In October 2017, two members of the Memphis City Council published an open letter about the shortcomings of how personal bankruptcy cases are handled in their city. They noted that less than one-third of Memphis residents who enter debt repayment programs actually complete them, a stunningly low rate much worse than the national average.
“This is unacceptable and we plan to act,” they wrote.
The officials were reacting to a ProPublica investigation that identified Memphis as “the bankruptcy capital of the U.S.” The story, by reporter Paul Kiel, described how the bankruptcy system is disproportionately failing African Americans, particularly in Memphis, and identified the driving force behind this trend. A handful of attorneys, mostly white, steer their African-American clients into Chapter 13 rather than Chapter 7 bankruptcy proceedings, which makes it more likely bankruptcy petitioners will pay their legal fees – but less likely that they will get lasting debt relief.
That seemingly arcane distinction can have devastating consequences. It was life-changing for Novasha Miller, a mother of three who was trying to escape from desperate financial straits when Kiel met her at the U.S. Federal Bankruptcy Court in Memphis.
Chapter 13 requires minimal upfront payment – many Memphis attorneys allow clients to go forward with no money down. But over time, the proceedings end badly far more often than Chapter 7, according to a first-of-its-kind analysis undertaken by Kiel and Hannah Fresques, a ProPublica journalist who specializes in advanced statistics.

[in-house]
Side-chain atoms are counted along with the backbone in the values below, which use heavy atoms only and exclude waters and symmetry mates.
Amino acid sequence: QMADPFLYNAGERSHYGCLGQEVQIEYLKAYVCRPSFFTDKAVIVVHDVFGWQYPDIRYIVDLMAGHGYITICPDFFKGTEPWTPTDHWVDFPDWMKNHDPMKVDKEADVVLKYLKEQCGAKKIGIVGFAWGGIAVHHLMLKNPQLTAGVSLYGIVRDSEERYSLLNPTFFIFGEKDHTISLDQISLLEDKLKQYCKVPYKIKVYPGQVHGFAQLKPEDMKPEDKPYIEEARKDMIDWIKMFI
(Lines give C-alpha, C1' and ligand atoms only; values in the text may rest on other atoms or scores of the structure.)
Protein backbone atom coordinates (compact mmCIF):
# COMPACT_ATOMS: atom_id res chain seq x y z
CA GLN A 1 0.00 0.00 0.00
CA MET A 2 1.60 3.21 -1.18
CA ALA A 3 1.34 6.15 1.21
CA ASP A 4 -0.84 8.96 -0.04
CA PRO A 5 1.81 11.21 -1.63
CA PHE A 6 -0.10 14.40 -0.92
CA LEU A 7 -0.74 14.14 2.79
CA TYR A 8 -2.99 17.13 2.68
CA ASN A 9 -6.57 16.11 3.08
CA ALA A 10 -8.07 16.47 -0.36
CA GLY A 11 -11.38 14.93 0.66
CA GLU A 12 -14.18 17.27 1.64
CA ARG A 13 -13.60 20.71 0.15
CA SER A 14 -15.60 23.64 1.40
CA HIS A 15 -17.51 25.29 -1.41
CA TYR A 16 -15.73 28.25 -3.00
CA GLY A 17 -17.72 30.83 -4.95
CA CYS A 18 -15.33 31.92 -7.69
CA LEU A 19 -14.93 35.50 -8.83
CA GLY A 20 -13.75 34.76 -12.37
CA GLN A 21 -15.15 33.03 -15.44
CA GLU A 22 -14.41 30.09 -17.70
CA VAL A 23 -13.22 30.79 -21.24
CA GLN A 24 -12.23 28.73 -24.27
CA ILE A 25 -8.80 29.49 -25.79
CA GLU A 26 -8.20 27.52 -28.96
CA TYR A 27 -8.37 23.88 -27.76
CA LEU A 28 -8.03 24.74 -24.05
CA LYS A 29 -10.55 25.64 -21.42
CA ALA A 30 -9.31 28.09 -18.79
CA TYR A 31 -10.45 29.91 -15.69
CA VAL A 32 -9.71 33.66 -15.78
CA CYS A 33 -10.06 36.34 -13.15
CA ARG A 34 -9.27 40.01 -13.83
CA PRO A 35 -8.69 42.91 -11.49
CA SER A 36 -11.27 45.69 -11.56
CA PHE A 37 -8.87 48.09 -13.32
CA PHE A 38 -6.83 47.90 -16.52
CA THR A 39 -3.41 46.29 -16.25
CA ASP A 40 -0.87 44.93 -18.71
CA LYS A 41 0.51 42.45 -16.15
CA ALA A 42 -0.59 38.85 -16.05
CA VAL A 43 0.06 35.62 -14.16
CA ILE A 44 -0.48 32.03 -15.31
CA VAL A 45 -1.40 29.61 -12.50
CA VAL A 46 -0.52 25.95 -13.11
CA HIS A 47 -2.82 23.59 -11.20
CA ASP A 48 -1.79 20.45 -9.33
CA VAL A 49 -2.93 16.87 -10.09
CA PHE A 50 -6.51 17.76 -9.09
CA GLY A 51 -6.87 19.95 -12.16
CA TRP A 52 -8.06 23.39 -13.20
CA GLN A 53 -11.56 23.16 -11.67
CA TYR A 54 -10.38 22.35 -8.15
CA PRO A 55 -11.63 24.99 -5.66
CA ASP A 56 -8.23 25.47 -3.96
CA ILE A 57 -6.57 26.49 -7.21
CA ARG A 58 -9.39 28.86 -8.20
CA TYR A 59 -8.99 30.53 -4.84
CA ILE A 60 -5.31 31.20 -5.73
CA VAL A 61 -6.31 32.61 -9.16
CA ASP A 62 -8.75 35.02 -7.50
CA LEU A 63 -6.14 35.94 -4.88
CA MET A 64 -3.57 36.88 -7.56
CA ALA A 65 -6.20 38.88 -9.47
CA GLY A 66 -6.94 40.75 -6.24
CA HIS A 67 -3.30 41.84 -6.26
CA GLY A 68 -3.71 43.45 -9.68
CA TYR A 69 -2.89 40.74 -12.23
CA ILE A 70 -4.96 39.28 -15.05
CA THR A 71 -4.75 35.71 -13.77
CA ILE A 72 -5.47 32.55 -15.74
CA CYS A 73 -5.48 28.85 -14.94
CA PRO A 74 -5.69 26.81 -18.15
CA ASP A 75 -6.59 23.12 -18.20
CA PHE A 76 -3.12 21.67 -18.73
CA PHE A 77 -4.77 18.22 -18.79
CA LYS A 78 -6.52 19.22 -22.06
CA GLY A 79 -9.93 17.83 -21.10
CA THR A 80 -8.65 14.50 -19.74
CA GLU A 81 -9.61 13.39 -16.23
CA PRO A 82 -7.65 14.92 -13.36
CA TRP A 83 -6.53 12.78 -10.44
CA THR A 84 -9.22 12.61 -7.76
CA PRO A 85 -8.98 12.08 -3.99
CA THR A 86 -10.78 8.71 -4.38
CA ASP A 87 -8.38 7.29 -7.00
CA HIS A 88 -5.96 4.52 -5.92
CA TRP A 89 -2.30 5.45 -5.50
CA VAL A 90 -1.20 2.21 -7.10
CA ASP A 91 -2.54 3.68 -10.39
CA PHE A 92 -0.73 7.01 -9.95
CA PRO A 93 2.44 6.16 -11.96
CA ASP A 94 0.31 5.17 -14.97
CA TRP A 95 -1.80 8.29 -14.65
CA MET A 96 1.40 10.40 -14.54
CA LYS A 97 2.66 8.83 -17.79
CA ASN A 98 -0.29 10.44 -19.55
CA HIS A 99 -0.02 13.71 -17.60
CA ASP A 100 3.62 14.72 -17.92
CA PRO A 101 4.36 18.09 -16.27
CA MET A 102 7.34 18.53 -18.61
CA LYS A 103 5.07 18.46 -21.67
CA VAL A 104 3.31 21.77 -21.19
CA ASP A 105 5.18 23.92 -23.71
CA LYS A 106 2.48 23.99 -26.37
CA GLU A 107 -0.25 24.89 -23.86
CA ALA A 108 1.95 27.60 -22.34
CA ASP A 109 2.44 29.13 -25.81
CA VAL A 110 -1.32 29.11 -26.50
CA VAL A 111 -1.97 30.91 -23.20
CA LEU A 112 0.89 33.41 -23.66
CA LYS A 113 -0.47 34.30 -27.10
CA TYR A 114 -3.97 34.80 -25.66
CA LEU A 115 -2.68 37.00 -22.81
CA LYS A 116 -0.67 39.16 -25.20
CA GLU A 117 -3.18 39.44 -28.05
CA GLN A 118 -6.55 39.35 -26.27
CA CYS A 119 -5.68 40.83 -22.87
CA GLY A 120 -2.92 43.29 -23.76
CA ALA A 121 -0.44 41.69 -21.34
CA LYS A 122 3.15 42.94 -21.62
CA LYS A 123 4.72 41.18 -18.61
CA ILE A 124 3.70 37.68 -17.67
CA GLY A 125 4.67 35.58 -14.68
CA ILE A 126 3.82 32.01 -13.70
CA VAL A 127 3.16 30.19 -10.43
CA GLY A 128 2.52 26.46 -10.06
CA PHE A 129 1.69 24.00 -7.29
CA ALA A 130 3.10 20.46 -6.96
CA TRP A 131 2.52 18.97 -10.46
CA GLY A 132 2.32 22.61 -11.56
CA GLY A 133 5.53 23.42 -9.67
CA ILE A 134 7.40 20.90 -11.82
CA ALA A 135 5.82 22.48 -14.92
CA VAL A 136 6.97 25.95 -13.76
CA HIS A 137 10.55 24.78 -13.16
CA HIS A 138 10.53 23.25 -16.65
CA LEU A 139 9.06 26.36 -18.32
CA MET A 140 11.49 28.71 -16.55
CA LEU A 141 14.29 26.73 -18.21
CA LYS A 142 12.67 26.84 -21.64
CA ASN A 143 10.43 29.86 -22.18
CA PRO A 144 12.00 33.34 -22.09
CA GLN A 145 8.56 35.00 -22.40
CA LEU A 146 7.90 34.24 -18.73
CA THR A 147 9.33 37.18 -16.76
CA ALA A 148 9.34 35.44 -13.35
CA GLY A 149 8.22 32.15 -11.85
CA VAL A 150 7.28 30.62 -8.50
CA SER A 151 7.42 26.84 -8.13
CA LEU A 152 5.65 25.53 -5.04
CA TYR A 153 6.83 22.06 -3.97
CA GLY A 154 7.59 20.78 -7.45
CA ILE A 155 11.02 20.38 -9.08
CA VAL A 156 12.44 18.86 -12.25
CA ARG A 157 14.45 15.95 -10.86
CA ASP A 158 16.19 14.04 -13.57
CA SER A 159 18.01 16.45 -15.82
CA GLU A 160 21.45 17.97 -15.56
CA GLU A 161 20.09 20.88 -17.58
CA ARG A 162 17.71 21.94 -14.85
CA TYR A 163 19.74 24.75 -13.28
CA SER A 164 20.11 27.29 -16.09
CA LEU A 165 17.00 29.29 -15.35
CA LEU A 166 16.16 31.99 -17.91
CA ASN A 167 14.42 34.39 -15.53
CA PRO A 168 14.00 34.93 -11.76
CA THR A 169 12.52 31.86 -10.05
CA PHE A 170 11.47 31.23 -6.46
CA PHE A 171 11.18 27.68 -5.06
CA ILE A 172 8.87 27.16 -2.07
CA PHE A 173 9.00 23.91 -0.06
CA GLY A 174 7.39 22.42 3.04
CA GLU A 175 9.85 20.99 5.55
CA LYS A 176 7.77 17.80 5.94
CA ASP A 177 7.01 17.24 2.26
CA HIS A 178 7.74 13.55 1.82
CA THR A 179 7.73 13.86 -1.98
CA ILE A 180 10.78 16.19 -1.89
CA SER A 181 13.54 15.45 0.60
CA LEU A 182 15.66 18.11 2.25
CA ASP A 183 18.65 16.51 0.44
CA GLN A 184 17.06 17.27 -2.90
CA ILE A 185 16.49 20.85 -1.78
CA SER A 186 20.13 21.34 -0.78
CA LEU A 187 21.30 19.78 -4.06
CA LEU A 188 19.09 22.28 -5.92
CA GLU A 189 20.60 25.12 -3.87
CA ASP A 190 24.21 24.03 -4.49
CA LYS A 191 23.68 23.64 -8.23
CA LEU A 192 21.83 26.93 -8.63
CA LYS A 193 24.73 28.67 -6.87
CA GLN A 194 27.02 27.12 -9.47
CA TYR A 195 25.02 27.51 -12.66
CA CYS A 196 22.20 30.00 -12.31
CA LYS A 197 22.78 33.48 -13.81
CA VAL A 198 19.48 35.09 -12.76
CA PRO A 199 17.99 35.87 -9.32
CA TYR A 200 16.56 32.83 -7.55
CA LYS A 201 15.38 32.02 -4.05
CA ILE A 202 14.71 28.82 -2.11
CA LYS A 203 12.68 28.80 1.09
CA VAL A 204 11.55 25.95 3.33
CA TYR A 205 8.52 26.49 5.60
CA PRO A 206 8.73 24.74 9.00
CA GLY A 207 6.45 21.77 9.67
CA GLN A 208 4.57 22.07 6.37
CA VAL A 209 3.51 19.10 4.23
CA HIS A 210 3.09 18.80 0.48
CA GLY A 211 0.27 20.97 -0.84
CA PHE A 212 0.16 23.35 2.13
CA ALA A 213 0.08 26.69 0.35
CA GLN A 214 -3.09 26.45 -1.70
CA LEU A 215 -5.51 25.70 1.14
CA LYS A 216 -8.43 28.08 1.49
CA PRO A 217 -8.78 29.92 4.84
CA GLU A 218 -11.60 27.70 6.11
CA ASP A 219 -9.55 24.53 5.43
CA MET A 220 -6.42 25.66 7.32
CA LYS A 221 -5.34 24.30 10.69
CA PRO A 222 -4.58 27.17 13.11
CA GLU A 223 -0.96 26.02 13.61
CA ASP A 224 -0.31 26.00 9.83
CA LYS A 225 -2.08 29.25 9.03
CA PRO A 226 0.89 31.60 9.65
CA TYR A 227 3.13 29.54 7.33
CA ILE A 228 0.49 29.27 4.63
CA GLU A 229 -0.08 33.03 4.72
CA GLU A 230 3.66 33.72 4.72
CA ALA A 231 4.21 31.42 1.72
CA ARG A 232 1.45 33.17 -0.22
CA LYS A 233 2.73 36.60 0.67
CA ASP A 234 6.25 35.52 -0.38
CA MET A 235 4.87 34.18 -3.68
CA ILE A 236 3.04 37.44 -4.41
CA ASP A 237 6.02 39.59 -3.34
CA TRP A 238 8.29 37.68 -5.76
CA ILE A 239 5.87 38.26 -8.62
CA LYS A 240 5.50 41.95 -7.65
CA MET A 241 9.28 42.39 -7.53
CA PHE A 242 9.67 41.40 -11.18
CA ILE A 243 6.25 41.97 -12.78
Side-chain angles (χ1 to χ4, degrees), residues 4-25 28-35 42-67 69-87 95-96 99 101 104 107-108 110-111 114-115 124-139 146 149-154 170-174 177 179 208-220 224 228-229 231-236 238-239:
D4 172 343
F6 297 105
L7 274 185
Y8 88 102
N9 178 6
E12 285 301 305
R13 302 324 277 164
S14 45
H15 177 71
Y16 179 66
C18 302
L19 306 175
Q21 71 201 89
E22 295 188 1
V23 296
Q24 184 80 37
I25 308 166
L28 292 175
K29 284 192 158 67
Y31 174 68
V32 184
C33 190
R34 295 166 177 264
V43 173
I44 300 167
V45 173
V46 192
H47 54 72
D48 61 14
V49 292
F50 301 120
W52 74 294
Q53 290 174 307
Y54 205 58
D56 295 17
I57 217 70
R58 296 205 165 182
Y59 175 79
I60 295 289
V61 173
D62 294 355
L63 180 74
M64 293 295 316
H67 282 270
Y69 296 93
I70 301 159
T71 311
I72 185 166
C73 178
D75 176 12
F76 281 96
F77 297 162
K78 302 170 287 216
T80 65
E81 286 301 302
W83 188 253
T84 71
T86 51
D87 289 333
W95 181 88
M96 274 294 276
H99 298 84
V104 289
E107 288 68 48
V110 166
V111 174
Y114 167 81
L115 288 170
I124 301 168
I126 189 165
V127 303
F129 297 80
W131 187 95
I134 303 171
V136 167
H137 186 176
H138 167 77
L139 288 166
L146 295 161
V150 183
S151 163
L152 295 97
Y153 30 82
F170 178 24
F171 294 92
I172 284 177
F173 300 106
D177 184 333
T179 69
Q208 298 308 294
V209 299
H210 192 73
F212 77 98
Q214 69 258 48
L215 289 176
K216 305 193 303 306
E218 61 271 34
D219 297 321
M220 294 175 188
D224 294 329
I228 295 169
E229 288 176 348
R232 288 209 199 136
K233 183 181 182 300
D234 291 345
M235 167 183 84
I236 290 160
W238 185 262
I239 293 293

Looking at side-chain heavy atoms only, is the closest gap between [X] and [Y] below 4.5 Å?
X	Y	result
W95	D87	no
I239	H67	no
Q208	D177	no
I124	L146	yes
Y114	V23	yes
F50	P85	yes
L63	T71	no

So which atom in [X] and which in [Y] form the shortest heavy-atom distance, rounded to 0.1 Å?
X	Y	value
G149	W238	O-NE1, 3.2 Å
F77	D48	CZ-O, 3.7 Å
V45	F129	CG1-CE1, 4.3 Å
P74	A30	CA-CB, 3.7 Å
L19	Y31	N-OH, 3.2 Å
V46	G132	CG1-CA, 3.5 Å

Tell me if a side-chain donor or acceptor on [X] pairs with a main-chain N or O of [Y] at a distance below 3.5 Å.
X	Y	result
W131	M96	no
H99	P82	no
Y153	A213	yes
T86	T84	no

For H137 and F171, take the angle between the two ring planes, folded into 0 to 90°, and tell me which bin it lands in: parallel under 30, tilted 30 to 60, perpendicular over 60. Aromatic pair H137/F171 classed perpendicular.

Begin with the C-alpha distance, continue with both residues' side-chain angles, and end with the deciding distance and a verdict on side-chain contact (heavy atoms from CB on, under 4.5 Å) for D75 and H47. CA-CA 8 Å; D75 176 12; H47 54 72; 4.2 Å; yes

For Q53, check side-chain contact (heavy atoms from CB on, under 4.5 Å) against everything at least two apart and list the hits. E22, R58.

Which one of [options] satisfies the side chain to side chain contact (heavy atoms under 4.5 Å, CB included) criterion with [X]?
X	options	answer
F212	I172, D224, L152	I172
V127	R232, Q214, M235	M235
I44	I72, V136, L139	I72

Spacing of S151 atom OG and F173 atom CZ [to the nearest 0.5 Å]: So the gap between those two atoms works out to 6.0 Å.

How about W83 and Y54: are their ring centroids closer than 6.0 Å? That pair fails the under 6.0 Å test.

Kemp Conrad and Patrice Robinson, the two council members, say the ProPublica story has prompted them to look holistically at the problem, from improving mass transit (so residents won’t feel forced into bankruptcy to retain their cars) to efforts to reduce utility cutoffs by Memphis Light, Gas & Water.
The Memphis Commercial Appeal reprinted the ProPublica article and ran an editorial reprising its findings. “When this bankruptcy issue came to my attention, I immediately wanted to make it my next priority,” Robinson said at a hearing earlier this year. “We’re going to act, quickly and decisively.”
Later, in “How to Get Away With Bankruptcy Fraud,” Kiel described how a network of hustlers prey on people in Los Angeles. No other district in the country had nearly as many bankruptcy cases filed without an attorney. When Kiel dug further, he discovered the reason behind this anomaly. Fly-by-night firms with names like JC Foreclosure Service were helping people stay in their homes temporarily by filing hopelessly flawed bankruptcy petitions. Not only were these legal strategies ineffective, they also frequently prevented poor people from filing legitimate bankruptcies. Remarkably, Kiel interviewed several operators of these companies who casually acknowledged breaking the law.
Kiel and Fresques’ work combined cutting edge statistical analysis with gritty, street-level reporting. We are proud to nominate it for the University of Florida Award for Investigative Data Journalism.